Thursday, October 17, 2013

Firefighter/ Writer Matt Drew's " Shadows of Chicago" is a Read as Tall as Its Subject

Matt Drew Firefighter and author. (

The Devil in White City the Chicago history we usually get in WTTW specials was made sexy and marketable by posting the core narrative with a sex criminal.  The historical packaging was pretty much standard Studs Terkel approved history.   That best-selling book is being made into a film.

Chicago Fireman and writer Matthew Drew writes a Chicago saga worthy of Cinerama at the Old Michael Theatre on Dearborn. Within the acute angles of his three subjects, Charlie Comiskey, Big Jim Horan and Mayor Fred Busse,  swirl events and personalities with real Chicago spark. No agenda stuffed frauds - Shoeless Joe Jackson was a working-class hero who only stuffed his bibs  with Hundos, because the Old Roman was a cheapskate - the Studs Terkel meme.

A few years back serious Chicago scholars like former Fire Commissioner Jim Joyce and former DEA agent Rick Barrett snapped knuckles on the noggins of dozing Chicago's smart set with events, books and press opportunities focused on the valor of Chicago first respond-ers with interest in horrific Stockyard Fire of  1910 and the murder of Police Constable Jeremiah Sullivan.   Scholarship on Chicago's actual history seems to be best found in the hands of working men, like Barrett and Joyce. Pretend history is handled very nicely by  politicians political columnists and academics - Jane Addams invented the eight hour day, the Baby Ruth candy bar and the can-can.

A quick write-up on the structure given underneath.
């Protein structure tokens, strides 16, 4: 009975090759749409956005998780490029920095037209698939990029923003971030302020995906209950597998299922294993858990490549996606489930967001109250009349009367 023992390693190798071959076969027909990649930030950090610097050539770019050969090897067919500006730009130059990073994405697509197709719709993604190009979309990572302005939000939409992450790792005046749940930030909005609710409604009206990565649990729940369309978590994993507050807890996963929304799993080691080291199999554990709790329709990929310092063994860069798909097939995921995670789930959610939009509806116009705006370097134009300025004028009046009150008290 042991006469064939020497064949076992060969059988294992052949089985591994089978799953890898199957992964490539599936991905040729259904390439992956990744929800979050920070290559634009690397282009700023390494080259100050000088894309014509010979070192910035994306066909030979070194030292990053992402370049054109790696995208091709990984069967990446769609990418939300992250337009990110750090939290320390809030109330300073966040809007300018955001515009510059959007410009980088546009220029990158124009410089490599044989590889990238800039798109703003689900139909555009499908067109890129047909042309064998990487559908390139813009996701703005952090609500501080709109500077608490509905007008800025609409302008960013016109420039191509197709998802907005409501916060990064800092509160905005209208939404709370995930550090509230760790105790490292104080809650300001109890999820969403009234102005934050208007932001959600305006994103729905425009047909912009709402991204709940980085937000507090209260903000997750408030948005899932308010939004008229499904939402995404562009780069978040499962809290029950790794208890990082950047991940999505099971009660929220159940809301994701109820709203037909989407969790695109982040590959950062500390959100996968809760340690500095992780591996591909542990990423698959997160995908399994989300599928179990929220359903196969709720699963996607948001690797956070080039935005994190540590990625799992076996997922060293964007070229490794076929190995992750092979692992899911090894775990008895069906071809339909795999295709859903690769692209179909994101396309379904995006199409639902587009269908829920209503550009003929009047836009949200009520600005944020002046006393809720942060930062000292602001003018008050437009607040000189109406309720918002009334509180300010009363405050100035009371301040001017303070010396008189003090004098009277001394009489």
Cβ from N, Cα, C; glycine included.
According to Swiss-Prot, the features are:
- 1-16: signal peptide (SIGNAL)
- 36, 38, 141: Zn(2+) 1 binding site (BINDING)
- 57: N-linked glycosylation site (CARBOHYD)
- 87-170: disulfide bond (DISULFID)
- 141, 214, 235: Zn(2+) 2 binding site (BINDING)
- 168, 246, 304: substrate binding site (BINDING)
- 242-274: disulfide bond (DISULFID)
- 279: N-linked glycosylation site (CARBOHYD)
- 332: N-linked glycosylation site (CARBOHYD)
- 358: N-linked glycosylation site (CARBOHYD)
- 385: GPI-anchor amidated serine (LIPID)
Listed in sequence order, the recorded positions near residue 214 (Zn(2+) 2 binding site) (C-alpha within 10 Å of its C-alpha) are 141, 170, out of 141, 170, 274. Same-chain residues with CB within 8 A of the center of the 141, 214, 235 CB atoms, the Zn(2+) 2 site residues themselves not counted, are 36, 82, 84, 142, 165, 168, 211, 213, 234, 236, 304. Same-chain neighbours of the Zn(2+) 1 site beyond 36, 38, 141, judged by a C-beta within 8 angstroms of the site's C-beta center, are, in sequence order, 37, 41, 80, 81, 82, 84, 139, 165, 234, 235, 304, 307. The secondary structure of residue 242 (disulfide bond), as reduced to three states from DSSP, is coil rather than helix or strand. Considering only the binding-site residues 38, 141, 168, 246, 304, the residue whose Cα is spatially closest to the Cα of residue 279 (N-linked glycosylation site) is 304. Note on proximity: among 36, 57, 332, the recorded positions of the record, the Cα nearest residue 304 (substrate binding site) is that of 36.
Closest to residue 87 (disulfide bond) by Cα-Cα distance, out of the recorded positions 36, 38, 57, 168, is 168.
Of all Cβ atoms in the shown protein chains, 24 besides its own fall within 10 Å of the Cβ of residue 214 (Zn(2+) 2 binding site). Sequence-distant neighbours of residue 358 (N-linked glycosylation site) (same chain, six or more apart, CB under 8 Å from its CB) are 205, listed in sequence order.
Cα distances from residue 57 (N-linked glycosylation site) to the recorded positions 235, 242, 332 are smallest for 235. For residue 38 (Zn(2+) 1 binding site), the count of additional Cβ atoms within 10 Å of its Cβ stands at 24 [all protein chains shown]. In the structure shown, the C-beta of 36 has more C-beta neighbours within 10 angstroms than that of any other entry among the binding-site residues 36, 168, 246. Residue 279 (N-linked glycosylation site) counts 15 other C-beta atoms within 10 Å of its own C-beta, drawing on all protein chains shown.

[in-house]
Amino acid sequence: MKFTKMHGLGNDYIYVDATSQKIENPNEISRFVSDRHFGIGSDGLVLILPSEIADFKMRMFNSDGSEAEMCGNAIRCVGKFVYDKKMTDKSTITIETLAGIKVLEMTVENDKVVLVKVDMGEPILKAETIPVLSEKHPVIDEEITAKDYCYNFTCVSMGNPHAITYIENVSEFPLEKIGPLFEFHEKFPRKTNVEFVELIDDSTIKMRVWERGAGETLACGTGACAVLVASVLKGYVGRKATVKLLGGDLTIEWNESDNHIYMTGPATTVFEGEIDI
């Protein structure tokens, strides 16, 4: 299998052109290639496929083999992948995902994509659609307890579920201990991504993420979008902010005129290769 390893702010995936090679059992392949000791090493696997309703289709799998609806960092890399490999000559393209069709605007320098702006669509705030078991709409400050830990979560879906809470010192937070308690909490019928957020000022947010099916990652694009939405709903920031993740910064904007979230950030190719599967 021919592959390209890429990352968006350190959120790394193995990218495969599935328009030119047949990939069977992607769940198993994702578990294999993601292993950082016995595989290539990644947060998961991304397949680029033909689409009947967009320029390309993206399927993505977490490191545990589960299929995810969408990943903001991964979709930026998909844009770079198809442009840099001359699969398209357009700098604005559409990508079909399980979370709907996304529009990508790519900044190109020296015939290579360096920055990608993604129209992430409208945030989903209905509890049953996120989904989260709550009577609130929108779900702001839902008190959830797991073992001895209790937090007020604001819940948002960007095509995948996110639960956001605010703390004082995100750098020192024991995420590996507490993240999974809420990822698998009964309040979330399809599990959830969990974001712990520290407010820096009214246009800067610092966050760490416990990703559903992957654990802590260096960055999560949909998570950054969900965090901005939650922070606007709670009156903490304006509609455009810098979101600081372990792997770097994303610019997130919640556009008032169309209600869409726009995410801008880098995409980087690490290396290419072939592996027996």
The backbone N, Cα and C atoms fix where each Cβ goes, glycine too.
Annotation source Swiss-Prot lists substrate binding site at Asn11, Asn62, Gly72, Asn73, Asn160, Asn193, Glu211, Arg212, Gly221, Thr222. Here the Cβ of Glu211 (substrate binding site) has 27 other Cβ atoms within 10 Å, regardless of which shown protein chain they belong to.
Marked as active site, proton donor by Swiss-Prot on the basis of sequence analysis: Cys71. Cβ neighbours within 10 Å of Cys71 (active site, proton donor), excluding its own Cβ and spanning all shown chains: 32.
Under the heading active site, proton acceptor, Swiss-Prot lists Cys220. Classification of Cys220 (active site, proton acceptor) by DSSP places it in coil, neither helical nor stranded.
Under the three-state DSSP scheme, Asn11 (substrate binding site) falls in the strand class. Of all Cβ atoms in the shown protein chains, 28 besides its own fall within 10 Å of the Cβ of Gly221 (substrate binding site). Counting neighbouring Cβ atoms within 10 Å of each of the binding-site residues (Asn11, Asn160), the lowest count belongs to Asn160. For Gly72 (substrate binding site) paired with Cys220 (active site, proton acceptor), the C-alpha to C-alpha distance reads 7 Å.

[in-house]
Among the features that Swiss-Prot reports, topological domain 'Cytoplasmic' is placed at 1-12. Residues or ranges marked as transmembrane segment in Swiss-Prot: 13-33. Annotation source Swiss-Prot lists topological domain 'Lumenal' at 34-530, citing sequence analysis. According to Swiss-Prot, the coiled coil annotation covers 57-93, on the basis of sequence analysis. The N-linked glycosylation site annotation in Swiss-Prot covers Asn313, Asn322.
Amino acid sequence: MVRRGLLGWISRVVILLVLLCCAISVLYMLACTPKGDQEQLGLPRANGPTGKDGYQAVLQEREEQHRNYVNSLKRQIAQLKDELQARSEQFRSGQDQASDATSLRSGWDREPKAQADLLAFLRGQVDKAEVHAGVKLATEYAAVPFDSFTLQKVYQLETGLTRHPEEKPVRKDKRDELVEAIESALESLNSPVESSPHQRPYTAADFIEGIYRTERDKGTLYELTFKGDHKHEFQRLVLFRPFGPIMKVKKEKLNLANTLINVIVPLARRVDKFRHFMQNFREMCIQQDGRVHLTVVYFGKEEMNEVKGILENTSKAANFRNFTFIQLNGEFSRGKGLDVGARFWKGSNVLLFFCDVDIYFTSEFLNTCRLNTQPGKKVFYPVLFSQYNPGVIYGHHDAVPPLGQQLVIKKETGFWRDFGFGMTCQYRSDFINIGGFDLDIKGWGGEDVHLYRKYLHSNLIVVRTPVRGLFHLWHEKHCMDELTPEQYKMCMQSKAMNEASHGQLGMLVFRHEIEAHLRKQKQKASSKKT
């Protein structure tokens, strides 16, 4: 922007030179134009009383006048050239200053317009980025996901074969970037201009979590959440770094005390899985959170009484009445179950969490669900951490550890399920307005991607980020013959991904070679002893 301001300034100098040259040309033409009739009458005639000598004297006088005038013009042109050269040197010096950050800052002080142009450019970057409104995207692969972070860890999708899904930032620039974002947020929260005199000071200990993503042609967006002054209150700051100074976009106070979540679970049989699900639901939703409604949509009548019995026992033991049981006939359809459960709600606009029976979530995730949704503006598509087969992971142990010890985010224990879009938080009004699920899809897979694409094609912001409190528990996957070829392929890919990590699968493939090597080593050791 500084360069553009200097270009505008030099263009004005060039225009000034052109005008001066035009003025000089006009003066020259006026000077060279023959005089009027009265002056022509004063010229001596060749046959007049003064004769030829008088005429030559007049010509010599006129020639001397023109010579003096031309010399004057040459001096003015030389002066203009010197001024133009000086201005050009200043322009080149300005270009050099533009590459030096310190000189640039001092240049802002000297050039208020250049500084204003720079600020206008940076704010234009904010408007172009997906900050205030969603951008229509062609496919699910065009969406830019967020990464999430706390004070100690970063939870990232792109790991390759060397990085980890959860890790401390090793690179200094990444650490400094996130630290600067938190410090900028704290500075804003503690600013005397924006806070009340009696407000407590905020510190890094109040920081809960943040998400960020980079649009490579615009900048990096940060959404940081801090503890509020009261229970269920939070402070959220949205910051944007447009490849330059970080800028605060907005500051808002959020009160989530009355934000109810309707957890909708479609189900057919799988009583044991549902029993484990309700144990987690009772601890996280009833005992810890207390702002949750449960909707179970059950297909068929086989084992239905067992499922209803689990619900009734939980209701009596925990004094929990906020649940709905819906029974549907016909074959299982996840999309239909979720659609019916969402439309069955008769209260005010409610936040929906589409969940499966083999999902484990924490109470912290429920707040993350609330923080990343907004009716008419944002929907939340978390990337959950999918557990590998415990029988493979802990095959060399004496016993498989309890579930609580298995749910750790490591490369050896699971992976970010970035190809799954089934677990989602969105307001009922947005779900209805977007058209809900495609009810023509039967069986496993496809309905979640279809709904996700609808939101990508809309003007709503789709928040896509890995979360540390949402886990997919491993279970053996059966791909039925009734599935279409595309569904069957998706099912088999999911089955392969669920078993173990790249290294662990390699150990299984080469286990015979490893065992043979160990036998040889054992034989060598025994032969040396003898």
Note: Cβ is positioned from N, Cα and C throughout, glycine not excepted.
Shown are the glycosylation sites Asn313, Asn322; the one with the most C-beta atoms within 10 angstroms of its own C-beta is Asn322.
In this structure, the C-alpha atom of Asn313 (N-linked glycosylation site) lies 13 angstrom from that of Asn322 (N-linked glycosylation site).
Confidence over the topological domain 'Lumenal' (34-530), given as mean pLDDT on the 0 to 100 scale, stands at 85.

This summer another working class scholar, Matt Drew published Shadows of Chicago: The True Story of Three Men and the Crimes That Shocked America. Matthew Drew is a Chicago firefighter who teaches firefighting tactics at University of Illinois.  The book looks at the lives of three men, a baseball player-mogul.a fireman and a mayor.

The sweep and force of the book comes from the cast of personalities who weave through the lives of these interesting men - Dever, Powers, Powderly, Swift, Capone, Rothstein, Cobb, Harrison, Armour, Dunne, and Buck Weaver.  One character that sparks a fire in my little brain-pan was fireman Albert Moriarty ( pp.131-32) the brother of professional baseball players George and William. George, Matt Drew tells his reader, played for Ty Cobb's Detroit Tigers.

George Moriarty is the grandfather of my pal the famed actor, composer, musician and writer Michael Moriarty. 

Every Chicago reader, unencumbered by historical miasma that fogs our fabricated Chicago history, will find a connection like the one that I mentioned and breath in fresh ideas.  Real history, from Herodatus to Drew, manages to do just that.

Here is fine review of Matthew Drew's fine book.'s-new-book/

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